Placing the Blame in Accidents Involving Cyclists

Dec 15, 2015
There has been a surge in the popularity of cycling in recent years, more than likely attributable to the Tour de France and the London 2012 Olympics. It is a sad fact but cyclists remain amongst the most vulnerable of our road users and are more likely to be killed or seriously injured than anyone involved in a road traffic accident. 

Recent Department of Transport figures show that 113 cyclists were killed in the UK last year. Between 2007 and 2014 there were 276 recorded incidents of cyclists’ deaths involving a motor vehicle and, of these, only 54% resulted in the driver of the vehicle being prosecuted.  

Cycling campaigners are now calling for a change in liability in civil cases. There is currently no presumption on either side that one party is at fault and the burden is on the victim to prove that the driver was negligent. Cycling is considered a dangerous activity and the emphasis is placed on whether the cyclist has taken sufficient precautions to take care for their own safety, such as wearing a crash helmet and high visibility equipment, rather than whether drivers are taking reasonable care for more vulnerable road users, such as looking, indicating and leaving sufficient space for cyclists.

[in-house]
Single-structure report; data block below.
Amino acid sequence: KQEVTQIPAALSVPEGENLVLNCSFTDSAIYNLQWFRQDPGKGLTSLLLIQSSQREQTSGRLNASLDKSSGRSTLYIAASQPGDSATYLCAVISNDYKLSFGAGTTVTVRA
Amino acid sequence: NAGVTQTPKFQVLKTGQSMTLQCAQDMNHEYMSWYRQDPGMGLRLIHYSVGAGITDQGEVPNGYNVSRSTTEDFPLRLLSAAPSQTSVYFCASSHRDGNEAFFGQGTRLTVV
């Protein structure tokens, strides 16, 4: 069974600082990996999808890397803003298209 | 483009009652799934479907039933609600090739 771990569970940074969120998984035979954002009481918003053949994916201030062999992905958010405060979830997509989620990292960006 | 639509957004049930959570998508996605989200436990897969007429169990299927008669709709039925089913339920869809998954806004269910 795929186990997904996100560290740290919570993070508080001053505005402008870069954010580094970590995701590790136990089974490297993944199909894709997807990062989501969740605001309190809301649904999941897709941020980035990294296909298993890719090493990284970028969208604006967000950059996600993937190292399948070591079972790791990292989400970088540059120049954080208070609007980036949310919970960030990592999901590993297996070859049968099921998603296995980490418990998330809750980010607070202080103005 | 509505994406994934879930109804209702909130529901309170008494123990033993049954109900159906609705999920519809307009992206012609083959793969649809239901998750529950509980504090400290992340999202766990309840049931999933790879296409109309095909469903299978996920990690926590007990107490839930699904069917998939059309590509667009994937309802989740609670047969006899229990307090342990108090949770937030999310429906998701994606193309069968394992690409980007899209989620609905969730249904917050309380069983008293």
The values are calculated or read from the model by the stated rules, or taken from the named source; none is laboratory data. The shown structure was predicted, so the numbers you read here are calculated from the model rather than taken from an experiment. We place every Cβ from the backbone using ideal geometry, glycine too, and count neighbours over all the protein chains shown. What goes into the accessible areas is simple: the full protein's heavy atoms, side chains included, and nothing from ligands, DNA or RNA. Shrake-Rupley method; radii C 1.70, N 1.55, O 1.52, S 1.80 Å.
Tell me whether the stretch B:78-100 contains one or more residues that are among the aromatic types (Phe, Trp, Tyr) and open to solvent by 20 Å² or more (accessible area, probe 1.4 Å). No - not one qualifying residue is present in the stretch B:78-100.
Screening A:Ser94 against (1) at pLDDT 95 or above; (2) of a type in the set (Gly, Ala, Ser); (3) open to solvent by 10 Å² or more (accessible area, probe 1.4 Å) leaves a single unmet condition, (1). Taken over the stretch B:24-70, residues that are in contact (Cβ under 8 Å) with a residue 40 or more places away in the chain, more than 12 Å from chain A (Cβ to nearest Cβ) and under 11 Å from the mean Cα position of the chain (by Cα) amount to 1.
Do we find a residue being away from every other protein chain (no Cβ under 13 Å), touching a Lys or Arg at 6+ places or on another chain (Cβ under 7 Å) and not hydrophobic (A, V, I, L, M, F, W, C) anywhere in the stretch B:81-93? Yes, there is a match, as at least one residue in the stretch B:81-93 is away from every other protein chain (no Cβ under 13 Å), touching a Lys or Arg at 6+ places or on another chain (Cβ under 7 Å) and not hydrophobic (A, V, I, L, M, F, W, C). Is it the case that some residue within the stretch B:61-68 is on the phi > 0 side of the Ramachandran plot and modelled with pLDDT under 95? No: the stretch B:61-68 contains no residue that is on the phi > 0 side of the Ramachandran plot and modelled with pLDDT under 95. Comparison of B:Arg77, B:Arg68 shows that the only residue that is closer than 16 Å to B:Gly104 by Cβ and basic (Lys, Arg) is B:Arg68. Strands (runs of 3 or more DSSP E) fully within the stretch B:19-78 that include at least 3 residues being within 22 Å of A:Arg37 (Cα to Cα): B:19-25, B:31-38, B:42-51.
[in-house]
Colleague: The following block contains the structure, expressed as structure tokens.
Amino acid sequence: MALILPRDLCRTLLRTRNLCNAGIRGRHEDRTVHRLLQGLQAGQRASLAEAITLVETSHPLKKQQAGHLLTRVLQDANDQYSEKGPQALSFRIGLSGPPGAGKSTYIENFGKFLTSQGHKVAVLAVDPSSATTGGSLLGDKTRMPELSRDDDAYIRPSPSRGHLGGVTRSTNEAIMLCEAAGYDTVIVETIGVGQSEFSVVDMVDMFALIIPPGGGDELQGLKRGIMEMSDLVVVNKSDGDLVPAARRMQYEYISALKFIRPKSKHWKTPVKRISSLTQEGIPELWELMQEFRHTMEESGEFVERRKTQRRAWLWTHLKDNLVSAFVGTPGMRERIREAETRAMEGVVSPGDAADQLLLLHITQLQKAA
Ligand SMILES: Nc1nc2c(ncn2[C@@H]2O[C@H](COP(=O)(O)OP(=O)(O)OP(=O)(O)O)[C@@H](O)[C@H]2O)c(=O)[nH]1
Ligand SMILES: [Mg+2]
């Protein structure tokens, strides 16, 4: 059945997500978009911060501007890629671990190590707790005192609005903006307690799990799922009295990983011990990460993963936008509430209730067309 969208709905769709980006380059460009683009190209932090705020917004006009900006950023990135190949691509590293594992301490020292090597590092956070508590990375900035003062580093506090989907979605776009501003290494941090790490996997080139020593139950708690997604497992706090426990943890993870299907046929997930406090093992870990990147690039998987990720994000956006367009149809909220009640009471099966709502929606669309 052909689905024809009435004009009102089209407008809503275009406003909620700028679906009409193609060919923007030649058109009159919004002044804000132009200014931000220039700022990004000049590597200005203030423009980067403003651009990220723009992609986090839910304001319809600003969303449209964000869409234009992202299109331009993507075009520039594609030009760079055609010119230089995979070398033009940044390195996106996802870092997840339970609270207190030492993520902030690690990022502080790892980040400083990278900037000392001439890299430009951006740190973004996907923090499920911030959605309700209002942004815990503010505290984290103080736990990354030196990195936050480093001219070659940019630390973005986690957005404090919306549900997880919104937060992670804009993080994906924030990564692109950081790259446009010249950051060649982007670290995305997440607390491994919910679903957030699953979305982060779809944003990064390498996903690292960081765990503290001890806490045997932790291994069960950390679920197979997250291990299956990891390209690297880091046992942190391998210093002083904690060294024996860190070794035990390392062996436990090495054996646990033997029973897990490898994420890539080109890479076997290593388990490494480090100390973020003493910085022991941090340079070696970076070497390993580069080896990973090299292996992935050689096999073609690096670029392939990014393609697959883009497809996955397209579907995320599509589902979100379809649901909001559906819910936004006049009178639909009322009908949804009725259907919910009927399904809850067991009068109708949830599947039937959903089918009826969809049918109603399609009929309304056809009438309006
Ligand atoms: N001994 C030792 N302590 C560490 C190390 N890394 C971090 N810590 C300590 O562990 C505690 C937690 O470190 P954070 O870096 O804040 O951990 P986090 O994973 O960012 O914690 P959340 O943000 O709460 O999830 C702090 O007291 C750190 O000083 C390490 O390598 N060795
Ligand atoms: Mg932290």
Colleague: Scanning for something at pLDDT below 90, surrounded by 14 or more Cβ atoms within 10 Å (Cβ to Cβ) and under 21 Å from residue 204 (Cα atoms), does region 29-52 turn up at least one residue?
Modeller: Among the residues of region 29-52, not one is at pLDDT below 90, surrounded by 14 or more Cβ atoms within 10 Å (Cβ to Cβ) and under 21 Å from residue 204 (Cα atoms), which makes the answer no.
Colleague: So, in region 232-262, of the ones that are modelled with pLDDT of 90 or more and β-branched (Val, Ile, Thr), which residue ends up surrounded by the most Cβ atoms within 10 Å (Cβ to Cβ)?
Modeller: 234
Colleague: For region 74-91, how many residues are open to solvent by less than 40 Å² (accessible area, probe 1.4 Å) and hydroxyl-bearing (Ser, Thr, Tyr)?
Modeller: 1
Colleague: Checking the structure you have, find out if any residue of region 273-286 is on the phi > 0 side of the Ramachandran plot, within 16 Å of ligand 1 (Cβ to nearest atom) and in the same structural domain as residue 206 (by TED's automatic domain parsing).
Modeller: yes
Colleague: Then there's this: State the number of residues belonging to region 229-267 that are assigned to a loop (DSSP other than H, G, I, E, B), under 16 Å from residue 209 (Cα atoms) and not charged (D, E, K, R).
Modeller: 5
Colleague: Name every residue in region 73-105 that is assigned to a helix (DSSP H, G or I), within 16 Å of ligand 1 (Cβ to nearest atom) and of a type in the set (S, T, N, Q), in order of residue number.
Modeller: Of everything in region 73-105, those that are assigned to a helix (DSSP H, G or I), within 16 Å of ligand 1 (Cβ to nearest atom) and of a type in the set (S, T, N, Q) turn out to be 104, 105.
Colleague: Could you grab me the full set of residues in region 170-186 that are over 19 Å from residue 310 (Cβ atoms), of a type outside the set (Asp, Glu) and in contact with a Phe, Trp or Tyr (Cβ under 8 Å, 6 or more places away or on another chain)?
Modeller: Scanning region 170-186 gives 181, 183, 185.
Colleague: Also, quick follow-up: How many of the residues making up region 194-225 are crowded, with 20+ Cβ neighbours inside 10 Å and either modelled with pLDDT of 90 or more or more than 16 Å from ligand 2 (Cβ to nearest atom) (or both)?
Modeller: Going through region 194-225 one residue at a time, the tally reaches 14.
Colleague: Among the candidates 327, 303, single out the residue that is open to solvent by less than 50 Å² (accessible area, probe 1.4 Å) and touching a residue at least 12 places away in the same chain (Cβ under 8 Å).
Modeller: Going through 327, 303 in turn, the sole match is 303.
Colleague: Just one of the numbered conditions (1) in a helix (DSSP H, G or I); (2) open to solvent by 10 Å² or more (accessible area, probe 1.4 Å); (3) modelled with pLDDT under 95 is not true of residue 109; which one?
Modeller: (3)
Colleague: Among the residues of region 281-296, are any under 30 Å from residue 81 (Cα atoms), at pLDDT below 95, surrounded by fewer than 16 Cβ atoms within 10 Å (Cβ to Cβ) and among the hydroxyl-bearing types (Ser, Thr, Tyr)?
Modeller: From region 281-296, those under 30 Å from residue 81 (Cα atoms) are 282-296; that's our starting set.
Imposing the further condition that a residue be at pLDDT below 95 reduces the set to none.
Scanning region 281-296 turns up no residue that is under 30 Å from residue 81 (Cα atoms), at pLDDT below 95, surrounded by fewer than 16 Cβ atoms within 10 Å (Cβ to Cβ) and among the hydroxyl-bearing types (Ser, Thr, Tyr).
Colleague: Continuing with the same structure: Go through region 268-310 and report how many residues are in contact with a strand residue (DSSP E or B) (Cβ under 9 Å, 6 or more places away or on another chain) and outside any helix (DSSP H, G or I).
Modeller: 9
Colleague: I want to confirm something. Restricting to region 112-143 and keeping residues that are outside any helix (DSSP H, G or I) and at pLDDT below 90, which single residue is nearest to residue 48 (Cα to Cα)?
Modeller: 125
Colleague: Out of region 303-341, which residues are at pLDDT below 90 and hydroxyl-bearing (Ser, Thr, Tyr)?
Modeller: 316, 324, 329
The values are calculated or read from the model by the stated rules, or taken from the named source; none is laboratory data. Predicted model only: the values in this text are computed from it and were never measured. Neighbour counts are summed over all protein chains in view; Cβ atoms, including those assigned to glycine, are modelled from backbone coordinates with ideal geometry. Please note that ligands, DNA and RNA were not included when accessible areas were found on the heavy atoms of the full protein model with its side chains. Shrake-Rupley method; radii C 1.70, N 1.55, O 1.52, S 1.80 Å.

The proposal is to reconsider the balance of blame in cycling accidents by placing the onus on the driver to demonstrate that they were not responsible for the accident. A ‘strict liability’ law would mean that drivers of motor vehicles in civil proceedings are automatically assumed to be responsible for a collision between them and a more vulnerable road user, to reflect the responsibility that comes with driving a motorised vehicle. Such a law would recognise that the liability of a road user should be proportional to the degree of danger they impose on other road users and may be effective in reducing the danger to cyclists by encouraging more careful driving on our roads. The proposal is unlikely to be popular amongst driver focused organisations who may feel there is a need to consider compulsory insurance and competency tests for cyclists before the law is changed.

Rachel Davis

About the author

Rachel Davis

Rachel joined Nockolds in 2006 and is a Senior Chartered Legal Executive in our Personal Injury Team. Rachel qualified as a Fellow of the Chartered ...

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